For many, this was largely an unexpected change of direction for inflation, and as a result eases pressure on the Bank of England to raise interest rates at the present time, with experts now saying a rise is unlikely until August.
This is especially good news for those buy-to-let investors who have been able to take advantage of record low interest rates and improved rental demand for the past 24 months.
Carlile said: "From an investor’s point of view, how much impact inflation has, really depends on how much actual cash you have to play with and whether you can afford the squeeze on your finances that an inflation rise implies.
"When inflation rises it means that not only does the everyday cost of living increase, but all the goods and services you buy when developing a property to sell on or rent out, also become more expensive.
"These can include plumbers, surveyors, electricians and solicitors as well as paint, flooring and furniture.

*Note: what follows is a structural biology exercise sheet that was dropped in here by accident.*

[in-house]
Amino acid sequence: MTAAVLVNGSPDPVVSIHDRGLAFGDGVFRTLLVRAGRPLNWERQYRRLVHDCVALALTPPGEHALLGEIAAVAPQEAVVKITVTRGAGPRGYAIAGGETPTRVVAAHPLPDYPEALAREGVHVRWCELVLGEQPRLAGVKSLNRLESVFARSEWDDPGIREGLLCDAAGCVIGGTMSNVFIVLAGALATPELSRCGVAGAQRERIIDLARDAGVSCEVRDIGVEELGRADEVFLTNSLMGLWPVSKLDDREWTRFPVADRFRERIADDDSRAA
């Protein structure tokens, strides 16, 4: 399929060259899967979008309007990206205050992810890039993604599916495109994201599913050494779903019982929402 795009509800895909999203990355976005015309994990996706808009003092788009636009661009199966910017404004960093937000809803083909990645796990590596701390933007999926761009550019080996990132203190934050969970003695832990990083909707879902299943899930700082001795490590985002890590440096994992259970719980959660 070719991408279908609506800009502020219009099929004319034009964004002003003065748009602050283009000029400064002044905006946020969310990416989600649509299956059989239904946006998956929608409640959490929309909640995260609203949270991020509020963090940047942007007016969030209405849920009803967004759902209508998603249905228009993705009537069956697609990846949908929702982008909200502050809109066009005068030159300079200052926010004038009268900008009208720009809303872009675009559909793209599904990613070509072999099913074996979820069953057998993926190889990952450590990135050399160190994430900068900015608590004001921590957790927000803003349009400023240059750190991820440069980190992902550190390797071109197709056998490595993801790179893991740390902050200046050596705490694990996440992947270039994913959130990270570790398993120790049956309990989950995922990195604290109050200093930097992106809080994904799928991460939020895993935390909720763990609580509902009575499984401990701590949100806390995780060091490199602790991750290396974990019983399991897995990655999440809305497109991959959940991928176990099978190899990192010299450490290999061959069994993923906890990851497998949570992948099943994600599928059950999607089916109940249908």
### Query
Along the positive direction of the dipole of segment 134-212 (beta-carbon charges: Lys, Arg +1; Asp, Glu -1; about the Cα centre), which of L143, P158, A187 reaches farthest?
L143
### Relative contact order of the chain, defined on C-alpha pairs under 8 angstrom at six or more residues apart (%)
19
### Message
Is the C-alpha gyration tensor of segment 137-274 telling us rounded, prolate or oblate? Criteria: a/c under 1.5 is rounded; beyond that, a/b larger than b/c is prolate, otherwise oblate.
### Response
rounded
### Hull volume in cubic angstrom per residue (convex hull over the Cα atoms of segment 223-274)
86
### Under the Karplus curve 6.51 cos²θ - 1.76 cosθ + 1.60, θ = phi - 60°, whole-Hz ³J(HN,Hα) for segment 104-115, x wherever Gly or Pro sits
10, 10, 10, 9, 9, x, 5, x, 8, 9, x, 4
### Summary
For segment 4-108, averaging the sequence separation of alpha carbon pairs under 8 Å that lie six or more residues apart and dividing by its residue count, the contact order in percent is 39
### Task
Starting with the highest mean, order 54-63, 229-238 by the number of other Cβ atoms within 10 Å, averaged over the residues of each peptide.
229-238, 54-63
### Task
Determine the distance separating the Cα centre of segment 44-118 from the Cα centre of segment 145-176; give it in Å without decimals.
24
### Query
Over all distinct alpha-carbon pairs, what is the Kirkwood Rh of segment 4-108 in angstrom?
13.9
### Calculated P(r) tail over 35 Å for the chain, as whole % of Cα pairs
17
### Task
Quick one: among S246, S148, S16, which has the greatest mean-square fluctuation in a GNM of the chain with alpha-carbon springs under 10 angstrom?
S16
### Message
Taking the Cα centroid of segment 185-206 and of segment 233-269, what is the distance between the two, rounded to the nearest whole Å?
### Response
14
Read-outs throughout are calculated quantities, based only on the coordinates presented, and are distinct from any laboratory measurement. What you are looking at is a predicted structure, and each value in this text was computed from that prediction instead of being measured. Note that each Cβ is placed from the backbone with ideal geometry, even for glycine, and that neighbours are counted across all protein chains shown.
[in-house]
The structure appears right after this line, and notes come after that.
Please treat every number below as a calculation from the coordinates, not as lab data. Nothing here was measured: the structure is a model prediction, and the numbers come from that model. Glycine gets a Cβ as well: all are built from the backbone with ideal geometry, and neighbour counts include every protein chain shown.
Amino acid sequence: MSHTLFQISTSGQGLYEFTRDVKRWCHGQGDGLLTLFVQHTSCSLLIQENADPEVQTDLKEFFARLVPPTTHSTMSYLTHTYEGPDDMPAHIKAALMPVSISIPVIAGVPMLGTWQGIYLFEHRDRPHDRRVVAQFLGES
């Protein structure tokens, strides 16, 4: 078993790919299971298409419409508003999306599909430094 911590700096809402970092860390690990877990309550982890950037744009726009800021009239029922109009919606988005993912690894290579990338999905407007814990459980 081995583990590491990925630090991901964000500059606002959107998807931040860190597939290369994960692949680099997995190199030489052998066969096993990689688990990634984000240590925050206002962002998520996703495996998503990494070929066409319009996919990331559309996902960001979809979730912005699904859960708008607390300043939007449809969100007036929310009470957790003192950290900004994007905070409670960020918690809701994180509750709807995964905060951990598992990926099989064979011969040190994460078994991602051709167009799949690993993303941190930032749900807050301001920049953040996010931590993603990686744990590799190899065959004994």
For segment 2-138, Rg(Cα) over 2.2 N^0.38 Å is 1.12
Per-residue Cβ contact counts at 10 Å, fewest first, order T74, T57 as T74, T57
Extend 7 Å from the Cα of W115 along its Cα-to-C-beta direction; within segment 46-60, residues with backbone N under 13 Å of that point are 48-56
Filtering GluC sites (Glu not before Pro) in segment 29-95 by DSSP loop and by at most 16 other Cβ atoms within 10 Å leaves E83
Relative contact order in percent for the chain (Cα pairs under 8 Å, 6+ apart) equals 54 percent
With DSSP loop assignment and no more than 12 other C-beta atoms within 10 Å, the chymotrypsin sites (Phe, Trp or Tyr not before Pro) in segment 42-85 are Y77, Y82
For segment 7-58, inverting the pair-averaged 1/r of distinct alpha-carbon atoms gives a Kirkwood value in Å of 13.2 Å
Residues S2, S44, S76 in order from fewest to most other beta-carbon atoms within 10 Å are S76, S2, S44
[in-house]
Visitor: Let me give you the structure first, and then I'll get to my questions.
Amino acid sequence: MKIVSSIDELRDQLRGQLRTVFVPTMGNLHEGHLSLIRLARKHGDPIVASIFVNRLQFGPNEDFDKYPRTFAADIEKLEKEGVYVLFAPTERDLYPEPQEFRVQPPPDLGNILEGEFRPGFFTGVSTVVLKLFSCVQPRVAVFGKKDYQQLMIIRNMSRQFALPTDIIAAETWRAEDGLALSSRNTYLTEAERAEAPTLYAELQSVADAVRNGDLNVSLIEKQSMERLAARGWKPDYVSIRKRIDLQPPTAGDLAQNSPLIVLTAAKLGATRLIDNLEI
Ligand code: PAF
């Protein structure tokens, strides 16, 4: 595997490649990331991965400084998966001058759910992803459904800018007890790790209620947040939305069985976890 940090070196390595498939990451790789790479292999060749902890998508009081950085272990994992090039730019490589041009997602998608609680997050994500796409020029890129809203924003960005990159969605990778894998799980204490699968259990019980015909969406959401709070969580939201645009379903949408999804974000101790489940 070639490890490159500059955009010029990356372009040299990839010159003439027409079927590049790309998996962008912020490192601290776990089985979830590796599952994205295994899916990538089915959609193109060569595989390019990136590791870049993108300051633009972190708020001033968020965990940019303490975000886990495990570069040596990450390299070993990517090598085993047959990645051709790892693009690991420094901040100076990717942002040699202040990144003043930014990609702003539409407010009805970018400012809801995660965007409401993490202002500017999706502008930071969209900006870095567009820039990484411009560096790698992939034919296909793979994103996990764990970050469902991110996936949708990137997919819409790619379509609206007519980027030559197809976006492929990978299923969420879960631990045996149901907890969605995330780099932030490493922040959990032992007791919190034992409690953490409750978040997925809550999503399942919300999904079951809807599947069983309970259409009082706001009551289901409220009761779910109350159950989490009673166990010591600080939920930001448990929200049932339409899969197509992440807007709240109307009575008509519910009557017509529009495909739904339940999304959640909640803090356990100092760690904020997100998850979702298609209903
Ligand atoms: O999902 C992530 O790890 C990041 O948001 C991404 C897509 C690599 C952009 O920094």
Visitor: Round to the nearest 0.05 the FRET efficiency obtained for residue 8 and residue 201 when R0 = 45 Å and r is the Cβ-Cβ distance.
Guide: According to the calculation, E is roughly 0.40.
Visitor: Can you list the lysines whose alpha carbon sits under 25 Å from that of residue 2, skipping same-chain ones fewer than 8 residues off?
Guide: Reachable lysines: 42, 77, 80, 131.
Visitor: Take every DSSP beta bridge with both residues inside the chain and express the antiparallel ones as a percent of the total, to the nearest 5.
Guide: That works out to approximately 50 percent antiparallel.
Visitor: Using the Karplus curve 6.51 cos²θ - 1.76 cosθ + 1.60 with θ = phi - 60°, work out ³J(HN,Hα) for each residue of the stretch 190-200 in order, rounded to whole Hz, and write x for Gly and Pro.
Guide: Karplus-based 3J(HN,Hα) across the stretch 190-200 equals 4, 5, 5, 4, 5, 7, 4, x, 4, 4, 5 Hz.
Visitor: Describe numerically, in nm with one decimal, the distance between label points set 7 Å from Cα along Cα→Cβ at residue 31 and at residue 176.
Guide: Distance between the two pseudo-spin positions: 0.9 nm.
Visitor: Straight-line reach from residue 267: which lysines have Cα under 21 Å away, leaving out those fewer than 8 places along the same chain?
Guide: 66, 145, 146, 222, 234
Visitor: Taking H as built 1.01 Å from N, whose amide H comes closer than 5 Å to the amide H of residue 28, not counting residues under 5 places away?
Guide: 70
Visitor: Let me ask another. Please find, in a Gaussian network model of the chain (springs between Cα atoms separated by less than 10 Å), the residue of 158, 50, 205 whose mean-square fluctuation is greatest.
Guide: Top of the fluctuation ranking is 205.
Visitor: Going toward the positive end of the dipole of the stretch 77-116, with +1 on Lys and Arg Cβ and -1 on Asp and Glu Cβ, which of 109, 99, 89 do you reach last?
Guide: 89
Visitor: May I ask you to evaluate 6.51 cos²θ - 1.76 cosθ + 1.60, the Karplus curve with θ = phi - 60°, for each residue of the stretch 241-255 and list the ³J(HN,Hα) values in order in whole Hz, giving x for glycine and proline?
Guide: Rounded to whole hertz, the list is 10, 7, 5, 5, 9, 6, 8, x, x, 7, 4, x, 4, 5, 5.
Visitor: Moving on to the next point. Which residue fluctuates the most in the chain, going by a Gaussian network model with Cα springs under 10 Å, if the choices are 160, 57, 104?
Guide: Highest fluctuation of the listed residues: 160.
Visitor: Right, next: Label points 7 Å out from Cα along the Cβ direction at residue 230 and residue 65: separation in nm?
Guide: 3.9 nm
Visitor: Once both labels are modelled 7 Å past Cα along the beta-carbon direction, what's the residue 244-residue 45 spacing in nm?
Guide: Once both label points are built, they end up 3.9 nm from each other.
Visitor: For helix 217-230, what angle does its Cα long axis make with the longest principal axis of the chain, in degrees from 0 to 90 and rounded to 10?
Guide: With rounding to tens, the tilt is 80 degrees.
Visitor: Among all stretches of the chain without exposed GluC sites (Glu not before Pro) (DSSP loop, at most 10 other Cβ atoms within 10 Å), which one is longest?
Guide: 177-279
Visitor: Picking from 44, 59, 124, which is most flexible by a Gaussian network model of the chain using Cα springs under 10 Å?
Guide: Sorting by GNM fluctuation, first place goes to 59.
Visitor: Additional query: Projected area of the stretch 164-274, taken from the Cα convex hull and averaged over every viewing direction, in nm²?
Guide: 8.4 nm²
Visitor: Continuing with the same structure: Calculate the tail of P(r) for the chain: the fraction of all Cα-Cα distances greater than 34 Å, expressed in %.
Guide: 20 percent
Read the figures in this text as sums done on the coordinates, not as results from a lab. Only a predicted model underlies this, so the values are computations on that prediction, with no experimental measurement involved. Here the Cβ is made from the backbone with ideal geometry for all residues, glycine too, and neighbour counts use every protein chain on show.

"If rates were to rise on top of this, it’s easy to see how investor profit margins get squeezed from all directions."
Two important factors to consider when working out a property’s investment potential and how inflation rise and falls will affect you, are factoring in rising rental incomes if you’re investing for buy-to-let, and of course, purchasing the property at the best possible price.
Inflation, simply defined, is the erosion in the purchasing power of money.
Carlile said: "The interesting thing about property investing is that over time it offers some protection against inflation. Because many buy-to-let property investors have borrowed money to invest in a real asset, they are letting the bank’s money erode in value while they, in exchange, have a real asset in their investment property that should retain or grow in value over a period of time.
"With falling inflation and continued low interest rates the outlook seems bright, even for those considering dipping a toe in the property investment market for the first time."
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